Researchers at IRIC succeed in multiplying blood cells in the lab,
accelerating the development of novel treatments for patients waiting for
a bone marrow transplant.
MONTREAL, April 16 /CNW Telbec/ - A team from the Institute for Research
in Immunology and Cancer (IRIC) at Université de Montréal has succeeded in
producing a large quantity of laboratory stem cells from a small number of
blood stem cells obtained from bone marrow. The multidisciplinary team,
directed by Dr. Guy Sauvageau, thus took a giant step towards the development
of a revolutionary treatment based on these stem cells. This worldwide first
will advance stem cell research and could have major implications in several
fields for which no treatment currently exists.
Every year in North America, nearly 4,000 people wait in vain for a bone
marrow transplant due to the lack of compatible donors. It is known that a
bone marrow stem cell transplant can reconstitute the recipient's bone marrow.
The main difficulty is to obtain a sufficient number of compatible stem cells.
Thanks to Dr. Sauvageau and his team, these patients will be able to obtain
new bone marrow within the next few years. "It could be possible to envision
transplants for all adults from existing umbilical cord blood banks. The stem
cell content of these blood banks is currently too limited for large-scale use
in adults," Dr. Sauvageau affirmed.
Organ transplants without side effects: the medicine of the future?
Currently, transplant recipients are condemned to take medications
against rejection of the transplanted organ and suffer the side effects for
the rest of their lives. However, "mouse studies exist, showing that bone
marrow stem cells can prevent the rejection typically directed against solid
organs," Dr. Sauvageau said.
Rejection occurs because the immune system cells manufactured by bone
marrow attack the transplanted organ as if it were an invader. By
extrapolation from laboratory studies, it is very likely that transplanting
hematopoietic stem cells collected from the organ donor and developed in the
laboratory could avoid rejection of this organ. This is why it is important to
have large quantities of hematopoietic stem cells, so that compatible stem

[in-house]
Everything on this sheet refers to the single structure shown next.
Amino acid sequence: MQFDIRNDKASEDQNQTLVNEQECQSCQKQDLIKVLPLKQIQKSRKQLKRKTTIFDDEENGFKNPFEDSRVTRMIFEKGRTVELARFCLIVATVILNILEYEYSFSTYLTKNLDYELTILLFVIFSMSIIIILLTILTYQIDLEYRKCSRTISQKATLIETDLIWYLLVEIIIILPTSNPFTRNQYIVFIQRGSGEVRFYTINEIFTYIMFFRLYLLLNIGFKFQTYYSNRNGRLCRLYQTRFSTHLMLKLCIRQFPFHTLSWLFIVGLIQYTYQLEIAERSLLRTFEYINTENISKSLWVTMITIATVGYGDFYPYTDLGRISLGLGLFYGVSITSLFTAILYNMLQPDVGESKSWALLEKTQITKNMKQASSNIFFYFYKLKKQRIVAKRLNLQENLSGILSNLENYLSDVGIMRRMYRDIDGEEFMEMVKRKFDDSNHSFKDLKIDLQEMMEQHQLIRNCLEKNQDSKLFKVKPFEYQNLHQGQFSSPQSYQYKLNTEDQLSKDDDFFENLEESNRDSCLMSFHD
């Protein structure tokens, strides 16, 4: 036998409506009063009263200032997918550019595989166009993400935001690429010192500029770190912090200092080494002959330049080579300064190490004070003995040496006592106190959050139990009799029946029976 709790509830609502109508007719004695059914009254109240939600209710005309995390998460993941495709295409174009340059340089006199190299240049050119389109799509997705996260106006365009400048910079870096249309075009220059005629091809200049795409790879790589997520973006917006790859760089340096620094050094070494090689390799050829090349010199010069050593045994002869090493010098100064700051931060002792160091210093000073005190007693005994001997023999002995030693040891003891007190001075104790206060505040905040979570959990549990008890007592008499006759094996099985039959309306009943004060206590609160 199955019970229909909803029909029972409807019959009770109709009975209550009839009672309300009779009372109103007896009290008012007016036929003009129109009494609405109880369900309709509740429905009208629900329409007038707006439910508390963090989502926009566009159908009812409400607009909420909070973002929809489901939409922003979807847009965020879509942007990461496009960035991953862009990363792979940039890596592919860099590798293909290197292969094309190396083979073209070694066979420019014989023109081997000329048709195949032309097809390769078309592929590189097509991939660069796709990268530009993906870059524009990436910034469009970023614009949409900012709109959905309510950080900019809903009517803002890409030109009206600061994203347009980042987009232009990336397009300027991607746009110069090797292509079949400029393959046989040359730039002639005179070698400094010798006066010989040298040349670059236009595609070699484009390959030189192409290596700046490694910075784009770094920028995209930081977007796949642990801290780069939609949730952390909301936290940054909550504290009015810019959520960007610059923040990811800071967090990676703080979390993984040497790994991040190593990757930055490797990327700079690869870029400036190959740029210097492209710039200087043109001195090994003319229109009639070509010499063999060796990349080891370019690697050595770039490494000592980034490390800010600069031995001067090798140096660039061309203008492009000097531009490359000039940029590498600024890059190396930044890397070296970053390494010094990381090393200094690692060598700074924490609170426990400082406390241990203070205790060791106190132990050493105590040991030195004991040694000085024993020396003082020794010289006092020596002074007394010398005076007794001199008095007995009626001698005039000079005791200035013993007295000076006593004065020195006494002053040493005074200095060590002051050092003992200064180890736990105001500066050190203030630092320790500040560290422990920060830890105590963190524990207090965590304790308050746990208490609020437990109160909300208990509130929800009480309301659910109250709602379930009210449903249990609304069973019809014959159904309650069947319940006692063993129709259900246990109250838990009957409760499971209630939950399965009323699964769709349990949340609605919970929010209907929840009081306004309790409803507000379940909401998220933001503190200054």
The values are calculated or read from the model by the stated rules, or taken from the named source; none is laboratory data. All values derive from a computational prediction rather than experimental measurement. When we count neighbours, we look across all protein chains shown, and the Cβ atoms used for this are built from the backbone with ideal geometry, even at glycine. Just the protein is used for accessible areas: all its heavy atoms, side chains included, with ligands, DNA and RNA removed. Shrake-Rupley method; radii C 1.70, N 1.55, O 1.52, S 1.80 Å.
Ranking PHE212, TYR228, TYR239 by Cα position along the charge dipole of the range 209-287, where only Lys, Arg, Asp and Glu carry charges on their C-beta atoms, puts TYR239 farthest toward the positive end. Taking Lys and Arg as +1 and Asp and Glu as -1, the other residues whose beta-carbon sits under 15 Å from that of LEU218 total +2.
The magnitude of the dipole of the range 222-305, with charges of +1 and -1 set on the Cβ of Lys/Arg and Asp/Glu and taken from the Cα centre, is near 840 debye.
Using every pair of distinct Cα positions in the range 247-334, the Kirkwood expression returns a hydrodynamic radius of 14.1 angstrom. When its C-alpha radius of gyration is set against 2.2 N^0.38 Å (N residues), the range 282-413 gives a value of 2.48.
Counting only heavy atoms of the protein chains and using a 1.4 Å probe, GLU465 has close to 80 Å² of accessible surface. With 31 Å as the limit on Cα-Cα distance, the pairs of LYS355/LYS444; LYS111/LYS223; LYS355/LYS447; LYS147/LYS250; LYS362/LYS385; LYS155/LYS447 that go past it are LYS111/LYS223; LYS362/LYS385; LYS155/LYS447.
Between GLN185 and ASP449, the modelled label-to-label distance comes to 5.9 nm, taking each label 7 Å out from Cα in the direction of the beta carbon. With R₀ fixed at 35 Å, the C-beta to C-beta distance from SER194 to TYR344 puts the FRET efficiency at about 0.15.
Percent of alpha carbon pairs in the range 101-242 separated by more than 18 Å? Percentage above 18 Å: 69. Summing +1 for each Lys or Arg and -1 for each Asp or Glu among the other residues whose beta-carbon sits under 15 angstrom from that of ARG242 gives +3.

cells can be matched with the organ to be transplanted.
Using proteins to multiply stem cells
To produce large quantities of hematopoietic stem cells in the
laboratory, Dr. Sauvageau's team identified 10 proteins out of 700 candidates.
These 10 proteins are naturally present in hematopoietic stem cells and
researchers can use each of them to force these cells to multiply in the
laboratory. "The next step is to verify whether this also works in humans.
Everything is already in place," Guy Sauvageau pointed out. These tests will
be conducted at Montreal's Maisonneuve-Rosemont Hospital, one of the leading
centres in Canada where stem cell transplants are performed. "If only one of
the ten proteins allows hematopoietic stem cells to be multiplied in humans,
we will be able to obtain the quantities of cells necessary to perform
transplants. It will then be possible to say "mission accomplished"."
Researchers around the world are currently trying to harness the
regenerative power of other types of stem cells to treat diseases such as
Alzheimer's or diabetes. IRIC's research could also help them achieve their
The work of Dr. Sauvageau's team has been funded by the Canadian
Institutes of Health Research and the findings are being published today in
the prestigious scientific journal Cell.
The IRIC, a research centre that seeks to accelerate discoveries of new
Established in 2003 at the Université de Montréal, IRIC is the first
Systems Biology Centre in Canada dedicated to finding novel cancer
therapeutics and to training tomorrow's scientists. Its team of world-class
scientists, professionals and students has the most important technological
infrastructure in North America at its disposal. Designated a Centre of
Excellence in Commercialization and Research, its subsidiary, IRICoR, allows
IRIC to build strong partnerships with the biopharmaceutical industry and to
accelerate the commercialization of its discoveries. For more information,
please visit our website at www.iric.ca
For further information:
For further information: Sophie Langlois, Director, Media Relations,
Université de Montréal, (514) 343-7704, Sophie.firstname.lastname@example.org; Carolyne
Lord, Communications Officer, IRIC, (514) 343-7282,